(7) G. A. Crosby and M.Kasha, Spectrochim. Acta, 10, 377 (1958). (8) T. Moeller and w. F. Ulrioh. J . horg. N ~ ~Chem., z . 2,164 (1956).

Volume 69, Number 4

April 1966

W. F. SAGER, N. FILIPESCU, ASD F. A. SERAFIN

1094

Table I Abbreviation

Series A Dibenzoylmethide p-Methoxydibenzoylmethide Di-p-methoxydibenzo ylmethide p-Xitrodibenzoylmethide Di-p-nitrodibenzo ylmethide m-Methoxydibenzoylmethide Di-m-methoxydibenzoylmethide m-Mtrodibenzoylmethide Di-m-nitrodibenzoylmethide p-Phenyldibenzoylmethide Di-p-fluorodibenzoylmethide

Z I Series A

H

/

DBM pM DpM PN DpS

mM DmM mN DmN PPh DpF

Series B Dibenzoylmethide Difuroylmethide Ditheonylmethide Diisonicotylmethide Di-1-naphthoylmethide Di-2-naphthoylmethide Theonyltrifluoroacetonate Benzoylacetonate Acetylacetonate Trifluoroacetylacetonate Hexafluoroacetylacetonate

DBM DFuM DTM DPyM DlNM D2NM TTA BA AcA TFAcA HFAcA

C ‘

‘H Series B Figure 1. Substituted p-diketone tris chelates.

departure from the exact empirical formula. Therefore, no accurate extinction coefficient measurement was possible. The predominant feature of the ultraviolet absorption spectra of the tris diketonates studied is the strong band occurring usually from 280 to 380 nip. This band is due to the same kind of electronic transition in each case, probably a T-T* type or “K” transition associated with the conjugated system. R\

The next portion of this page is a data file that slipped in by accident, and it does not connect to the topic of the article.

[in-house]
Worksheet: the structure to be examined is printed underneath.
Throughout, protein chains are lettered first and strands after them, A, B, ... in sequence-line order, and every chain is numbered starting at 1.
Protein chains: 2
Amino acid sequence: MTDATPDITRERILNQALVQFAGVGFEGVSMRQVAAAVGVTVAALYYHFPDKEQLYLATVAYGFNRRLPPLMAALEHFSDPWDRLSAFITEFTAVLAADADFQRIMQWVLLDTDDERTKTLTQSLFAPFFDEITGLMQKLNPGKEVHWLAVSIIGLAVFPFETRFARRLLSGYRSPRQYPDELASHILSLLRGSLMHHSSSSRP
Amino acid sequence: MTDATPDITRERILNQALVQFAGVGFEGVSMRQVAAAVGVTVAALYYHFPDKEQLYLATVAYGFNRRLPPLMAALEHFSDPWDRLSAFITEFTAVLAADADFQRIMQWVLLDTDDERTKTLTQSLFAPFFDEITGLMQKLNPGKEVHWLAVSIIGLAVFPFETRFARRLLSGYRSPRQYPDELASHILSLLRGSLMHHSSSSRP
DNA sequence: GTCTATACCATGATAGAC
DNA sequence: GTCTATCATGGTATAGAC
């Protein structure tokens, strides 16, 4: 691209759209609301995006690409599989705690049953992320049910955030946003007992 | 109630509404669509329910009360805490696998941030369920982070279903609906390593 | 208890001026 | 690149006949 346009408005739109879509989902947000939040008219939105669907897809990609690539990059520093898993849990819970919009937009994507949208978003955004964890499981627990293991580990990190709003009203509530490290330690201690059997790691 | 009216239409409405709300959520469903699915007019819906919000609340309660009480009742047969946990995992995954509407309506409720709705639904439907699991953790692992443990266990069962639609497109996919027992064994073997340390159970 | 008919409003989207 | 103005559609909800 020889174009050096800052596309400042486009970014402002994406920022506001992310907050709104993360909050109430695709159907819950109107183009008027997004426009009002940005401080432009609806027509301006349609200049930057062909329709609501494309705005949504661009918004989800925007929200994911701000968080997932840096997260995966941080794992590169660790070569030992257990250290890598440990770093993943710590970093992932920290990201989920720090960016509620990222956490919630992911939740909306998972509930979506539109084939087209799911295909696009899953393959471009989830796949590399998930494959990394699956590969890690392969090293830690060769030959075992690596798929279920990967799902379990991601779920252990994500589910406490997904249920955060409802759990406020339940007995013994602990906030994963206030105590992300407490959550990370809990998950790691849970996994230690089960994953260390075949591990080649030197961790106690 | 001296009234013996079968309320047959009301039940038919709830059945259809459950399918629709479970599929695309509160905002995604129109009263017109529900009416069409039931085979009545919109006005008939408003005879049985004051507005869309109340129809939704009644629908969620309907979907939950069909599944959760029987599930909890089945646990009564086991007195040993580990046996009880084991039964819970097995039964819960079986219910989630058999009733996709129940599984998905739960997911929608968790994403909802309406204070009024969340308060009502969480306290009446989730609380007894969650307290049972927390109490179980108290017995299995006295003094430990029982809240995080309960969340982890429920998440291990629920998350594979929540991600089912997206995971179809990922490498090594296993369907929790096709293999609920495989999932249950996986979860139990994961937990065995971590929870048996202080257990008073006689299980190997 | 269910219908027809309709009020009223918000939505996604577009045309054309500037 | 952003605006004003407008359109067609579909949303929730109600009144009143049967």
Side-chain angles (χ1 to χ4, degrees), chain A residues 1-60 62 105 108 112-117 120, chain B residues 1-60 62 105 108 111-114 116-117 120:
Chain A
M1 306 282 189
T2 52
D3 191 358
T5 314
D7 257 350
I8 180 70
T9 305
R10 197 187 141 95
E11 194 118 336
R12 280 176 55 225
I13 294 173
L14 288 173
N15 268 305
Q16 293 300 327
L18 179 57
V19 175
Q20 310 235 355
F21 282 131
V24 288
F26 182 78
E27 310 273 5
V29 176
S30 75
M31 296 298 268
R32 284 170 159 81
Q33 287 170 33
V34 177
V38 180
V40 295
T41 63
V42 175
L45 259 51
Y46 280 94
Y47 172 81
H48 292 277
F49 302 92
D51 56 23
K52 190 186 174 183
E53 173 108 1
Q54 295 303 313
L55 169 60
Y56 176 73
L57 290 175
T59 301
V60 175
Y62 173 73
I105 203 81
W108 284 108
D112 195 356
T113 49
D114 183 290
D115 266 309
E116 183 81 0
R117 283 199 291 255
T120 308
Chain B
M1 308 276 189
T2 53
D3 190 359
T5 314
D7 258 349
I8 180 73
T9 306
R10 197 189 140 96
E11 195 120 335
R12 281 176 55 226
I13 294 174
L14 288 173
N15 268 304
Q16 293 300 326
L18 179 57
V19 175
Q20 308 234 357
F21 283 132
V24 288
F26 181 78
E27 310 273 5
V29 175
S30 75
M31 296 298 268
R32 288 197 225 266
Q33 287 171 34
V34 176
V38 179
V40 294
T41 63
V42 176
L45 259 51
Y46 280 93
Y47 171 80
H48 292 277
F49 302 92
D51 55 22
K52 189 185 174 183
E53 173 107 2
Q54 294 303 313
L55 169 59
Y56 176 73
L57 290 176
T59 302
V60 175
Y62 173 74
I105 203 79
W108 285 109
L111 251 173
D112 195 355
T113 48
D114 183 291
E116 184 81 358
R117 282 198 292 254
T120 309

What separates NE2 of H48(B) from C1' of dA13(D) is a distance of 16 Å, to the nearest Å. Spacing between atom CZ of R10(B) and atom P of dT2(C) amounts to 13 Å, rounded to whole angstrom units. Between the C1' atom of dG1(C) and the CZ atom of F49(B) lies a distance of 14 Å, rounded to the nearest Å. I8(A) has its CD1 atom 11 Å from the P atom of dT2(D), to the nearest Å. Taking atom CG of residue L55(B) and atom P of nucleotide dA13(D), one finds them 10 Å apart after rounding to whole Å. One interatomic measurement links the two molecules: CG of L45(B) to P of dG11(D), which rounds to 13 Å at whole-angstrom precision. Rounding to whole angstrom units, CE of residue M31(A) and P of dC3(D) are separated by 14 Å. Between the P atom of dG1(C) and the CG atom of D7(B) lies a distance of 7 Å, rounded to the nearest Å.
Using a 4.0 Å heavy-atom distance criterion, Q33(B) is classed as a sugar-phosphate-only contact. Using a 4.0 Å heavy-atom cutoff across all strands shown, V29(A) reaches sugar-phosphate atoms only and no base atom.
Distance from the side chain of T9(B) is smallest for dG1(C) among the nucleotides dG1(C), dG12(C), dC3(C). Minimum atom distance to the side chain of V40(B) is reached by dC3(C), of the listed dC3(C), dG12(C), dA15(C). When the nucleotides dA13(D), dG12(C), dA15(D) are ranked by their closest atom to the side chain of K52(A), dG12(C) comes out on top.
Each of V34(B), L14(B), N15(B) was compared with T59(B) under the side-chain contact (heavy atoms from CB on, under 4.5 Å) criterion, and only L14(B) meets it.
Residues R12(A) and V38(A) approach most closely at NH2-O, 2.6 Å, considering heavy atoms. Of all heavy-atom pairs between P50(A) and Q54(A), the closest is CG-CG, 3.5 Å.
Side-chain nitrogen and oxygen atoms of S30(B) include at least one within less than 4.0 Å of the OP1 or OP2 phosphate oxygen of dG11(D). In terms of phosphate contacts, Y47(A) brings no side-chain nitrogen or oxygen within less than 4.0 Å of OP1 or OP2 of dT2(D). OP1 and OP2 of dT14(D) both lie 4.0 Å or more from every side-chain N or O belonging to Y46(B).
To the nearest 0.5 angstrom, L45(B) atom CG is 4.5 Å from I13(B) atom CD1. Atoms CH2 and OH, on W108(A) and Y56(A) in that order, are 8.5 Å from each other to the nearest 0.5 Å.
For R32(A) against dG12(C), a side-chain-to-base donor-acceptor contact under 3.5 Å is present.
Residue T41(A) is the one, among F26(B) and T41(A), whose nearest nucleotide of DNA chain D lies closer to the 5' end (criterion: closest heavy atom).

H-C R’

c=ok

/

\\

?l/3

,c-0

This system in which. R and R’ represent the diff erent substituents attached to the P-diketone ring is coninion to all of the investigated chelates. The sixThe Journal of Physical Chemistry

200

250

300

350

Wave length, me.

400

450

Figure 2. Absorption spectra: A, dibenzoylmethides; B, p-methoxydibenzoylmethides; C, p-nitrodibenzoylmethides; D, m-methoxydibenzoylmethides; E, m-nitrodibenzoylmethides.

melnber enolate ring is planar and has a Cpv syiiinietry if R = R’; the pairs of M-0, 0-C, and C-C distances are of equal length with C-C and C-0 dihtances of 1.39 and 1.28 8. intermediate between single and double bonds.g There is some evidencelo that an enolate type (9) R. B.Roof, Acta Cryst., 9 , 781 (1956) (10) R. H. Holm and F. A. Cotton, J . Am. Chem. SOC.,80, 5658 (1958).

1095

SUBSTITUENT EFFECTS ON INTRAMOLECULAR ENERGY TRANSFER

Table I1 M3+chelate mp

, , . ,A

200

250

DBM 363

pM 358

300 350 Wave length, mp.

DpM 364

400

DpN 362

pN 352

450

Figure 3. Absorption spectra: A, dibensoylmethides; F, dianisoylmethides; G, di-p-nitrodibenzoylmethides; H, di-m-methoxydibenzoylmethides; I, di-m-nitrodibenzoylmethides.

nM 355